Friday, October 07, 2011

Tariel Mklavadzis mkvlelobis saqme / [The Case of Tariel Mklavadze]

ტარიელ მკლავაძის მკვლელობის საქმე / Дело Тариэла Мклавадзе (Delo Tariela Mklavadze / Delo ob ubiistve kniazia Tariela Mklavadze / Geroi nashei strany) [L’affare Tariel Mklavadze / The Case of Tariel Mklavadze; Il caso dell’assassinio del principe Tariel Mklavadze / The Case of Prince Tariel Mklavadze’s Murder; Un eroe della nostra terra / A Hero of Our Land] (Sakhkinmretstvi / Goskinprom Gruzii, Georgia SSR, SU 1925) D: Ivan Perestiani; SC: Shalva Dadiani, Ivan Perestiani; DP: Aleksandr Digmelov; AD: Sergei [Semion] Gubin-Gun; cast: Kote Miqaberidze (Spiridon Mtsirishvili, schoolteacher), Nato Vachnadze (Despine, his wife), Mito Qadagidze (Prince Tariel Mklavadze), Mikheil Kalatozishvili [Mikhail Kalatozov] (Samson [Samora], innkeeper); 35 mm, 2040 m, 98’ (18 fps); from: Gosfilmofond of Russia. Russian and Georgian intertitles. Viewed at Teatro Verdi, Le Giornate del Cinema Muto, Pordenone, with e-subtitles in English and Italian, grand piano: John Sweeney, 7 Oct 2011.

Sergei Kapterev (GCM Catalogue): "In histories of Georgian cinema, The Case of Tariel Mklavadze holds the position of a tactful and professional interpretation of a classic literary work, which discarded a few outdated conventions but generally belonged to the “old school” of filmmaking. This historically viable and respectful evaluation somehow neutralizes the film’s considerable artistic merits: directorial maturity, complex narrative logic, and tonal and stylistic consistency."

"The Case was directed by Ivan Perestiani, a major contributor to Georgian cinema’s development into a formidable cultural force. Perestiani moved to cinema from Russian theatre, starting as an actor – most prominently, he appeared in Yevgeni Bauer’s melodrama A Life for a Life (1916) – and then gaining experience in scriptwriting and directing. In 1920, after a teaching job at Moscow’s First State Cinema School (where his students included Vsevolod Pudovkin), Perestiani moved to Georgia, where, after the Soviet intervention in Georgian affairs, the ideologically important medium of cinema was being given a boost."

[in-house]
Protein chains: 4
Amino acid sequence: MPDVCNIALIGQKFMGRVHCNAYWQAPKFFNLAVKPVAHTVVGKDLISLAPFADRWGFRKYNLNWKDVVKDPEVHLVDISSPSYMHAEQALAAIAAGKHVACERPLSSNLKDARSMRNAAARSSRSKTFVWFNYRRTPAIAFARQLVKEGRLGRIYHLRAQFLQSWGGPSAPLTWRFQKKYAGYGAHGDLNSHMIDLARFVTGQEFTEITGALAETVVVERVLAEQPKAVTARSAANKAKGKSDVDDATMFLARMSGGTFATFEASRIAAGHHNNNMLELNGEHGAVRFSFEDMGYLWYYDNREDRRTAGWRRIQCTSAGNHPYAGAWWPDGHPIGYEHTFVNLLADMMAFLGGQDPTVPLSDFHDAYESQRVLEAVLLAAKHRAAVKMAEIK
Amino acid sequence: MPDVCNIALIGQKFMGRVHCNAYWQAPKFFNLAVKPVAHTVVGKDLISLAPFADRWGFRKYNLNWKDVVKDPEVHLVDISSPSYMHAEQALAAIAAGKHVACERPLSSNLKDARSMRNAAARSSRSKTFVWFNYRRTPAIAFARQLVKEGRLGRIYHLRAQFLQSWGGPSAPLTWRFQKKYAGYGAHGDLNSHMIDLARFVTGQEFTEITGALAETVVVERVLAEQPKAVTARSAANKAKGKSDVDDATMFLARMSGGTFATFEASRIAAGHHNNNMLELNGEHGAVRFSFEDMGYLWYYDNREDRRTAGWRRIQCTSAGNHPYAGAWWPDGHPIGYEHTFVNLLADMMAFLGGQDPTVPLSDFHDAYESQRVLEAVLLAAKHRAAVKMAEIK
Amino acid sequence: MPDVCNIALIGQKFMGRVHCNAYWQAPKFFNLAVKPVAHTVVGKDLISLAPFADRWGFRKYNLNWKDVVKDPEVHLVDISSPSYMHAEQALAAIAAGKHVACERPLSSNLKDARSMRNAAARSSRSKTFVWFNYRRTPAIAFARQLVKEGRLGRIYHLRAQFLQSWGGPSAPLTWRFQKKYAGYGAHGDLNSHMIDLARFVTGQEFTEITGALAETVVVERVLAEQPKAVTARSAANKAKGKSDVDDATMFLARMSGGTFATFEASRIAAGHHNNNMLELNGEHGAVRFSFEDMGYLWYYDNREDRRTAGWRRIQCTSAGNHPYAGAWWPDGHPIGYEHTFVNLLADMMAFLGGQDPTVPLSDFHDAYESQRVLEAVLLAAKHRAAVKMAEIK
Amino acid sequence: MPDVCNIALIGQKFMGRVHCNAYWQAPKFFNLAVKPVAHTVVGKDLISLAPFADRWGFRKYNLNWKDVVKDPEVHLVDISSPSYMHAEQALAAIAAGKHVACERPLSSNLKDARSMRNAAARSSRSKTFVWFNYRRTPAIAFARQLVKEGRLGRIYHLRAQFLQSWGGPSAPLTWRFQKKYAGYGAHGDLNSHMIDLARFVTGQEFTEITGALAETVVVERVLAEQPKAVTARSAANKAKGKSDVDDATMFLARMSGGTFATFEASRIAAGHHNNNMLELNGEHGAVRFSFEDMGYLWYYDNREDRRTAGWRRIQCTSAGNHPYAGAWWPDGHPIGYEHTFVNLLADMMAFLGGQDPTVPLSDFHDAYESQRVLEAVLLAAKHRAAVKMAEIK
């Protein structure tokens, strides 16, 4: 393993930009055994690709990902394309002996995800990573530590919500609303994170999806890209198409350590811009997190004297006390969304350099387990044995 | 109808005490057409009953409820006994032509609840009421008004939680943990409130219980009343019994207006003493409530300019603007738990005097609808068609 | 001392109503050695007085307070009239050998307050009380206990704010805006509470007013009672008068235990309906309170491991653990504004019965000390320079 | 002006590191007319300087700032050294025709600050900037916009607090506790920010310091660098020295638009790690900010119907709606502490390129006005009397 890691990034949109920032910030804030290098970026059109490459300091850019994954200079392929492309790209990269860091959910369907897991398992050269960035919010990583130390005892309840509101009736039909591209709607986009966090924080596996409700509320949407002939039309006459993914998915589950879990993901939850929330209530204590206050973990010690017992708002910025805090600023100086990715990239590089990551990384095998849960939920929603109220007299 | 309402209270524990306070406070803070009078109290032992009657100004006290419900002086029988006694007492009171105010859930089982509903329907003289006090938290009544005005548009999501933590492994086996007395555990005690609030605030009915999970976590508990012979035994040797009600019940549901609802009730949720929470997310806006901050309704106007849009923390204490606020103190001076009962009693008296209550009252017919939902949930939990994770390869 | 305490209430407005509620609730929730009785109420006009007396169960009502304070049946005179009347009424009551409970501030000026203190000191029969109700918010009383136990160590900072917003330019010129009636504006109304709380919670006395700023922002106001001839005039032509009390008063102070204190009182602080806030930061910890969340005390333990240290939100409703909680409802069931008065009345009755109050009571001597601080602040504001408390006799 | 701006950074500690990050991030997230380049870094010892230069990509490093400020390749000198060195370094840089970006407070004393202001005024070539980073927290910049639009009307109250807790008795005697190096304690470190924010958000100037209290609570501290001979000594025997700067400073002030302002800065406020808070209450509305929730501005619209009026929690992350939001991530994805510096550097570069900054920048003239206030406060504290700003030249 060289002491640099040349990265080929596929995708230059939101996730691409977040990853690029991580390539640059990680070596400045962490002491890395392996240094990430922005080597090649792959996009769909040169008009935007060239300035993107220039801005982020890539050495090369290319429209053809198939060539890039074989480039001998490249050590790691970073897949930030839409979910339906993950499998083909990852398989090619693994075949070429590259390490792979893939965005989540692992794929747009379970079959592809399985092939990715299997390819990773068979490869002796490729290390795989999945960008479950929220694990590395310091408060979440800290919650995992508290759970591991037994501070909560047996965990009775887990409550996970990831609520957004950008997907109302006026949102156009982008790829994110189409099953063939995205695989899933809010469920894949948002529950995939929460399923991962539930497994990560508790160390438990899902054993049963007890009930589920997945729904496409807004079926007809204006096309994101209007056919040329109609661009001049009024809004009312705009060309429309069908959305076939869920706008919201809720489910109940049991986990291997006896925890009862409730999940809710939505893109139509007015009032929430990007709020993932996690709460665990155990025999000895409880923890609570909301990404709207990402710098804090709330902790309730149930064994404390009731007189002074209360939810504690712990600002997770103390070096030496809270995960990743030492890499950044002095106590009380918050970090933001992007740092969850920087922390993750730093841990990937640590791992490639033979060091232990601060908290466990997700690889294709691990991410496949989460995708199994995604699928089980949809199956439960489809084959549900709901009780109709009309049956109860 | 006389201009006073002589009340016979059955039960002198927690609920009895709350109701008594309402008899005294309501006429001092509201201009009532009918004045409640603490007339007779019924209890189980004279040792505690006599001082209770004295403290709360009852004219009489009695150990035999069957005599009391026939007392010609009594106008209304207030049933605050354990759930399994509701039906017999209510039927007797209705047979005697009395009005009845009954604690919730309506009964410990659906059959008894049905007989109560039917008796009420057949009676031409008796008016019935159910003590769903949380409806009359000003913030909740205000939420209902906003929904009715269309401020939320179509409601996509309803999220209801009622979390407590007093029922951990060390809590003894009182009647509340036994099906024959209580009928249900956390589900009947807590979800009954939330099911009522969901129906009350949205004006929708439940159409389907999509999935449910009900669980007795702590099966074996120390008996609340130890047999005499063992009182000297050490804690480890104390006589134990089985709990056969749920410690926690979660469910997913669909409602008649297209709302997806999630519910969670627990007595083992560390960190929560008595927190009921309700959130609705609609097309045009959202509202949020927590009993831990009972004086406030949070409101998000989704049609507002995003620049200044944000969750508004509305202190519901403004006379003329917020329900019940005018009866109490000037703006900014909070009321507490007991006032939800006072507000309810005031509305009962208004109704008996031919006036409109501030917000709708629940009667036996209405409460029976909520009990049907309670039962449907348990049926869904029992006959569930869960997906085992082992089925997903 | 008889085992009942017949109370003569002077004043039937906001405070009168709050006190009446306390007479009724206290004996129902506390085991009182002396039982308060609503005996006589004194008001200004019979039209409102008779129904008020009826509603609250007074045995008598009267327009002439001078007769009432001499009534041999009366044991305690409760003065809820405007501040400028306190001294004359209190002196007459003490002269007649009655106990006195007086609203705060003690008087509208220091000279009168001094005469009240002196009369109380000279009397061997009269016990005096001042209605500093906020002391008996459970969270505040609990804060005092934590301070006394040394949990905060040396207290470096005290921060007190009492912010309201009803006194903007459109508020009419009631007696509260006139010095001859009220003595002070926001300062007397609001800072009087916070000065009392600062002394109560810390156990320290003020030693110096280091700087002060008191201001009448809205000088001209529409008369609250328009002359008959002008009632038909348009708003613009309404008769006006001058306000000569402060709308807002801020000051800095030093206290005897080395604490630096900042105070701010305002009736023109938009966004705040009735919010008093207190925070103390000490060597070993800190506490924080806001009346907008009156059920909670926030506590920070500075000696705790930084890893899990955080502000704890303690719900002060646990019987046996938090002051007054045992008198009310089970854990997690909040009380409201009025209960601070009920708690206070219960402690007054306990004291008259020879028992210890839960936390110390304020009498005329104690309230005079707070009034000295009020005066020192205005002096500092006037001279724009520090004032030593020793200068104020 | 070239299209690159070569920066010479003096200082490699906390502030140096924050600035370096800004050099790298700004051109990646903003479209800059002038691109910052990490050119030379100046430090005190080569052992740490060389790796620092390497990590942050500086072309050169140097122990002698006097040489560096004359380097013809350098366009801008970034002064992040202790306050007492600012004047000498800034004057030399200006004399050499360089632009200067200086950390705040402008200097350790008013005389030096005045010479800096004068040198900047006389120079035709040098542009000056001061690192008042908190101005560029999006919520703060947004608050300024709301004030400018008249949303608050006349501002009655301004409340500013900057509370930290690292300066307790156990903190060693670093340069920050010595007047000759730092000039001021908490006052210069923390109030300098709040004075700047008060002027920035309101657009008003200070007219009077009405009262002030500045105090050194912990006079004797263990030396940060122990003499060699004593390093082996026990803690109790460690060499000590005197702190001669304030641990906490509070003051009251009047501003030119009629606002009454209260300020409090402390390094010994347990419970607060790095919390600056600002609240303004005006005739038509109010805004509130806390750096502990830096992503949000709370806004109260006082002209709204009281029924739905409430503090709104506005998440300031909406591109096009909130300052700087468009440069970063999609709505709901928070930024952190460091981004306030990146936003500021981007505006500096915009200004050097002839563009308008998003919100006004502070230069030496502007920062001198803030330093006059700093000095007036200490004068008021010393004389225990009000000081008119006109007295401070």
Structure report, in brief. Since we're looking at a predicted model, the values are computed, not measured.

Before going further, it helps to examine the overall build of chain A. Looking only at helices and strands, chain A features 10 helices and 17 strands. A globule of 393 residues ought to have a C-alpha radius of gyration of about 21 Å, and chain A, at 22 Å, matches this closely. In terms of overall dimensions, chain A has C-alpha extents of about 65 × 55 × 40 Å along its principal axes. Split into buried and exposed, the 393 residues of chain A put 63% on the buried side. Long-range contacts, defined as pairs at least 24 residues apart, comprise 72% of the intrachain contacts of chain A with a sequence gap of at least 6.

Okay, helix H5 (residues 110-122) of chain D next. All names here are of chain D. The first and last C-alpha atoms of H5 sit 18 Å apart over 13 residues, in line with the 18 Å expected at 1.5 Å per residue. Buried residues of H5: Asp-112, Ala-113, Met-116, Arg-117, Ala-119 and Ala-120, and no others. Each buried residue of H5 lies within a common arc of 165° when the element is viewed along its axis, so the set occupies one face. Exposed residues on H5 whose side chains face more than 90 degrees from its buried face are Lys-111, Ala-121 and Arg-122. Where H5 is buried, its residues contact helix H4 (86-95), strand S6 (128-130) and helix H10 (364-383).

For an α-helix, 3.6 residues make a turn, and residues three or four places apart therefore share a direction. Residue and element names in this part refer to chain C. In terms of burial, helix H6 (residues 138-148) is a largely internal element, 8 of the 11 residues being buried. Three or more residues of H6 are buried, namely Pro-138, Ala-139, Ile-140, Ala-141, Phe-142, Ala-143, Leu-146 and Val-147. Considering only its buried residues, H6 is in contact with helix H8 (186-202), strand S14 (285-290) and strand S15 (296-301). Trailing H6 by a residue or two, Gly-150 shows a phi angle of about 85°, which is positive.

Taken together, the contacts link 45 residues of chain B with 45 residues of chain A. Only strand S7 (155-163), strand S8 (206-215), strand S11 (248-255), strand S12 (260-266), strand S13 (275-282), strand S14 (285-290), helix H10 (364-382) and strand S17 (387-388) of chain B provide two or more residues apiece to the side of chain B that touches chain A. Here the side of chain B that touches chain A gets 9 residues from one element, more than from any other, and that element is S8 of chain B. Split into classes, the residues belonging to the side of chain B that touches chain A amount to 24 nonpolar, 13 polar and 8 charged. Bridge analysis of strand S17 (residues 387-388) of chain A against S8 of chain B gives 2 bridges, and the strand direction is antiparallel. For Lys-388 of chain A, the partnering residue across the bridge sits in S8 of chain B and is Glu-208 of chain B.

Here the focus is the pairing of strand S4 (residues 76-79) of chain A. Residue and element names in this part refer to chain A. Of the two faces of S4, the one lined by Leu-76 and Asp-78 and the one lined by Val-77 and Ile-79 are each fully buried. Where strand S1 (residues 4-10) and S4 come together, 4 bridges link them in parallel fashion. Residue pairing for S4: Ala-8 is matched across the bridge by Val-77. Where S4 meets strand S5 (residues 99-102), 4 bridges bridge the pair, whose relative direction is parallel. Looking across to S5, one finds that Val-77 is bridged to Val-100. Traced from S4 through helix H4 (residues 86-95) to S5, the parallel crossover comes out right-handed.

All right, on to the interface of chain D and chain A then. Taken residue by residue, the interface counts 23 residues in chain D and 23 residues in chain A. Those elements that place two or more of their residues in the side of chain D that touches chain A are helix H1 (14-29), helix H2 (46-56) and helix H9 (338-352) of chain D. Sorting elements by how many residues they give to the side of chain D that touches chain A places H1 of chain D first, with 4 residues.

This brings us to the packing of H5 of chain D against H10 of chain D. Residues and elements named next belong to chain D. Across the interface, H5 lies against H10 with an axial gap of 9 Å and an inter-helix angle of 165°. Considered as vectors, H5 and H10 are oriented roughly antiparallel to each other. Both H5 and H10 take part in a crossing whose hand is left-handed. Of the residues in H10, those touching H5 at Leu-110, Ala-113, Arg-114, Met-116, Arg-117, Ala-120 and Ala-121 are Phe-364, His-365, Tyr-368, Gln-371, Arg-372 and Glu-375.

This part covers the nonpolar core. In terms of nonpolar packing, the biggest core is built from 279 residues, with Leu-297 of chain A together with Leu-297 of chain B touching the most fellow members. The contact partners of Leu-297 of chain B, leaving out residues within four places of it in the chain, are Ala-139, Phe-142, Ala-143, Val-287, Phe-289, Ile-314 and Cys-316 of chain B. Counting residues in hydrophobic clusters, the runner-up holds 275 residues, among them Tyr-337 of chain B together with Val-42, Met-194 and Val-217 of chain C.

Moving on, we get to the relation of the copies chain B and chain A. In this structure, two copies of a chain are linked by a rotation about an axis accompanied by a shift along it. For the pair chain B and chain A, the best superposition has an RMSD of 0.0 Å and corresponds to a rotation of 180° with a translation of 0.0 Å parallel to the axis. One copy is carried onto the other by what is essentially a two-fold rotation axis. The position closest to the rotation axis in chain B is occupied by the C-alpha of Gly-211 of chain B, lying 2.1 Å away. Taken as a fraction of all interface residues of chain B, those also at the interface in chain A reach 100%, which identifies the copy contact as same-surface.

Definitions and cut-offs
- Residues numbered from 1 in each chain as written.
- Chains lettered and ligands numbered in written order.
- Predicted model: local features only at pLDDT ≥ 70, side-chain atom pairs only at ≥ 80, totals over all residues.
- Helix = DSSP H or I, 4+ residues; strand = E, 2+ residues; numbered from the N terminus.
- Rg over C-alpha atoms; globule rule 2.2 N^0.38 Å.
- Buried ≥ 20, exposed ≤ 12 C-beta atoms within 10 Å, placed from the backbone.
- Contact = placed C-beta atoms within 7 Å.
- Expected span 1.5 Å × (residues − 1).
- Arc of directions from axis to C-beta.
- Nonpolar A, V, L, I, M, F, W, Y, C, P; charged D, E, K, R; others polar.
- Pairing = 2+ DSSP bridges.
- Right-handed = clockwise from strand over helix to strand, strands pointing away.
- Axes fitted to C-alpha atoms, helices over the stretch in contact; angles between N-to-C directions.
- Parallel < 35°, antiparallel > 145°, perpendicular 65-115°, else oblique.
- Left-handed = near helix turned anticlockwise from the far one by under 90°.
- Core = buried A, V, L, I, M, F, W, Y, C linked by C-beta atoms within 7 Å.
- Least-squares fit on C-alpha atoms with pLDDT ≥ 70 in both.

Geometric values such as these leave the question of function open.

"The first film directed by Perestiani in Georgia, Arsen Jorjiashvili (1921), was also the first production of the new Georgian film establishment. In a tribute to the political situation, Arsen described heroic deeds of a famous Georgian revolutionary. The film’s popular success guaranteed Perestiani future commissions from the new regime. In 1923 Perestiani produced his most-remembered work, a lively, Western-like adaptation of a Russian Civil War adventure novelette, Red Imps. This immensely successful foray into dynamic genre cinema was followed by the director’s parallel work on two adaptations of classic works of Georgian literature, Three Lives (finished in 1924) and The Case of Tariel Mklavadze, whose strong social motifs both met Soviet ideological requirements and popularized national Georgian culture."